The Safe Harbor hydroelectric generating project is an excellent example of farsighted natural resource development by a private utility enterprise. Safe Harbor, one of the largest hydroelectric stations in the northern United States, is jointly owned by Baltimore Gas & Electric Company and Pennsylvania Power & Light Company. Electric power from Safe Harbor is fed into the Pennsylvania-New Jersey-Maryland interconnection (PJM) which oversees the twelve electric investor-owner utility systems meeting the electrical needs of the middle Atlantic area, Delaware, District of Columbia, more than half of Maryland, and a small part of Virginia, which serves 21 million people over an area of 48,700 square miles. The PJM power system contains 500 generating units producing more than 170 billion kilowatt-hours of electricity. Safe Harbor is one of the few hydroelectric stations in the power grid contributing to the 4.70/o installed hydroelectric capacity. The P JM is only one of the many systems tying together massive electric generating capacities which extend across the nation into Canada and Mexico. This electrical energy travels at the speed of light; 186,000 miles per second.

Safe Harbor Dam in 1989.


Safe Harbor recreational facilities covering the impounded body of water, Lake Clarke, and its adjacent lands, parks and river islands encompasses a total area of 11,893 acres, or 18.6 square miles. Boating on the Lake takes in a water recreational surface area of 7,360 acres or 11.5 square miles. Additionally, there are 4 parks and 1 observation site located in both York and Lancaster counties covering 57 acres along with 558 acres of recreational land. Safe Harbor leases land parcels and island sites. Recreational activities include hunting, boating, fishing, four parks and duck hunting. Interest in park reservations or site leasing may be directed to the Property Superintendent (717) 872-0291.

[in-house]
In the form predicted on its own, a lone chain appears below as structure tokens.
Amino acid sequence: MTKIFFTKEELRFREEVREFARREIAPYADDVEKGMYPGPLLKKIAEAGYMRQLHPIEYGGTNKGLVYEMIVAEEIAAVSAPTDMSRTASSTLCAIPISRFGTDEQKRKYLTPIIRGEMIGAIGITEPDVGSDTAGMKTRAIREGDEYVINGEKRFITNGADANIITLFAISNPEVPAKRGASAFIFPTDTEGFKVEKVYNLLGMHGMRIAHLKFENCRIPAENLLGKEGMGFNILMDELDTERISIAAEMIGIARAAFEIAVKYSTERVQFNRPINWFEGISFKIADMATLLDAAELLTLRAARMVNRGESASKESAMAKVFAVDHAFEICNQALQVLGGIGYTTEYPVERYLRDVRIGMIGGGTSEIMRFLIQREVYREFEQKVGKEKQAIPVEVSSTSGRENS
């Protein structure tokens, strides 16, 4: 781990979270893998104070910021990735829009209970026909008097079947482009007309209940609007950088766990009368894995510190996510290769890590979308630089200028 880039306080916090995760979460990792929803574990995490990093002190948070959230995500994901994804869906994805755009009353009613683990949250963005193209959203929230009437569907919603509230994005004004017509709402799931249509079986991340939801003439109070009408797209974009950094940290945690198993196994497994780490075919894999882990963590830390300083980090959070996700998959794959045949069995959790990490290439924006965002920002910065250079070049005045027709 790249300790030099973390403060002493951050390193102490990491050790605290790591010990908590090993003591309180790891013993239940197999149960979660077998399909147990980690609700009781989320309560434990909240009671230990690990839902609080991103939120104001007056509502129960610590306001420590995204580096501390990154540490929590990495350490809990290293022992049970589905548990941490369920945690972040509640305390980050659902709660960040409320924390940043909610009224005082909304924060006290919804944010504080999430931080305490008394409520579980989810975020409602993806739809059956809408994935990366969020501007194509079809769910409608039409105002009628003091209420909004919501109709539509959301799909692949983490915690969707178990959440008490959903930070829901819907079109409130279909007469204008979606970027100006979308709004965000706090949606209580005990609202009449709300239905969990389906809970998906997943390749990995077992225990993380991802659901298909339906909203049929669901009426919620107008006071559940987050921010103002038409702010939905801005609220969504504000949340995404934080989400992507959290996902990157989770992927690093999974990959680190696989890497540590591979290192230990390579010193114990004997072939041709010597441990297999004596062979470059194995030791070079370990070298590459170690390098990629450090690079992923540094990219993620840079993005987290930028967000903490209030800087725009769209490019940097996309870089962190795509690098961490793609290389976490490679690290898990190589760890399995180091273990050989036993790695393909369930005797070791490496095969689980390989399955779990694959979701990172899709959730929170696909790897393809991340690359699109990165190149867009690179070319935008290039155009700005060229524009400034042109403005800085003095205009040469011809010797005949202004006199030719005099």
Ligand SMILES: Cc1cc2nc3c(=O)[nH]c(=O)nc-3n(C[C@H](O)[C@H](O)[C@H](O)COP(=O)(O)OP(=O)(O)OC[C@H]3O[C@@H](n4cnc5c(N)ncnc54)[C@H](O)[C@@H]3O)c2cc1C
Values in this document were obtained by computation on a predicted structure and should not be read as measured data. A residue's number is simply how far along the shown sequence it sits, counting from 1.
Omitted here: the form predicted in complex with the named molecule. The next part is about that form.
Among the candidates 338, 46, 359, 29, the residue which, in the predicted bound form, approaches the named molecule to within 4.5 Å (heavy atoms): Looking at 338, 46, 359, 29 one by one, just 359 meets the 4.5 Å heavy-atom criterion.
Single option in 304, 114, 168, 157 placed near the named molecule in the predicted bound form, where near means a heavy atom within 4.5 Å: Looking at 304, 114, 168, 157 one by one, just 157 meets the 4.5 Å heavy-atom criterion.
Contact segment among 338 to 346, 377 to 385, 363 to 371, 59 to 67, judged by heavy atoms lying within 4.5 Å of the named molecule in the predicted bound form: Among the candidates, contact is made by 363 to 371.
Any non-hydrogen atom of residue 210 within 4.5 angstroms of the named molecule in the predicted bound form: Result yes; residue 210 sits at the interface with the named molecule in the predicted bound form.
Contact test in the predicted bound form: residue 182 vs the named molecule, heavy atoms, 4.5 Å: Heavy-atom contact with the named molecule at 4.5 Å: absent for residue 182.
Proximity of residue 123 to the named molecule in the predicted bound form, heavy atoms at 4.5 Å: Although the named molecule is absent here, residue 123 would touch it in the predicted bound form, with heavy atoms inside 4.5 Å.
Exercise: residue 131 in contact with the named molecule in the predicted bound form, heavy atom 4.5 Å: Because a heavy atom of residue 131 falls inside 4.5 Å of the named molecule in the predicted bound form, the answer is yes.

Lock 2 Boat Ramp in 1989.

River Hazards

Potential boating trouble spots and hazards exist both in front and in the tailraces of both Safe Harbor and Holtwood dams. Rocks in Safe Harbor’s tailrace depending upon river flows can be just below the water surface. Water levels can rise 2 to 9 feet within 10 minutes or more depending upon the number of generating units. Discharge at Safe Harbor powerhouse is signaled by loud sirens and flashing strobe lights. Sudden water elevation changes will occur both below Safe Harbor and Holtwood, possibly trapping fishermen or causing boating hazards to the unwary.

The Historic Region in which are located the Hydroelectric Developments on the Lower Susquehanna

The Susquehanna, a river of rare scenic beauty, flows through a region that is replete with points of historical interest. Here are three close-ups of various sections of the map.

The first map highlights the “farthest point north and east reached by Confederate troops (June 28, 1863 – General John B. Gordon). The bridge was burned by the retreating Union forces.”

One highlight from the following close-up is “Mt. Johnson Island – the only sanctuary in the world for the Bald Eagle. Under supervision of National Audubon Society.”

The third map highlights the Safe Harbor area. Here’s one lift out quote: “Site of last Conestoga (Susquehannock) Indian Town. Visited by Wm. Penn, 1701. Place of numerous councils between early governors of Pennsylvania and Indians.”

The Lower Susquehanna’s Historic Region from 1951

I also have the 1951 edition of the same brochure. Click here to see it in more detail.

Safe Harbor Brochure Inside 1951 Small
1951 map for the Historic Region of the Lower Susquehanna

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Here’s your chance to purchase a beautiful reproduction map of Conestoga and Manor Townships from 1864 through 1899.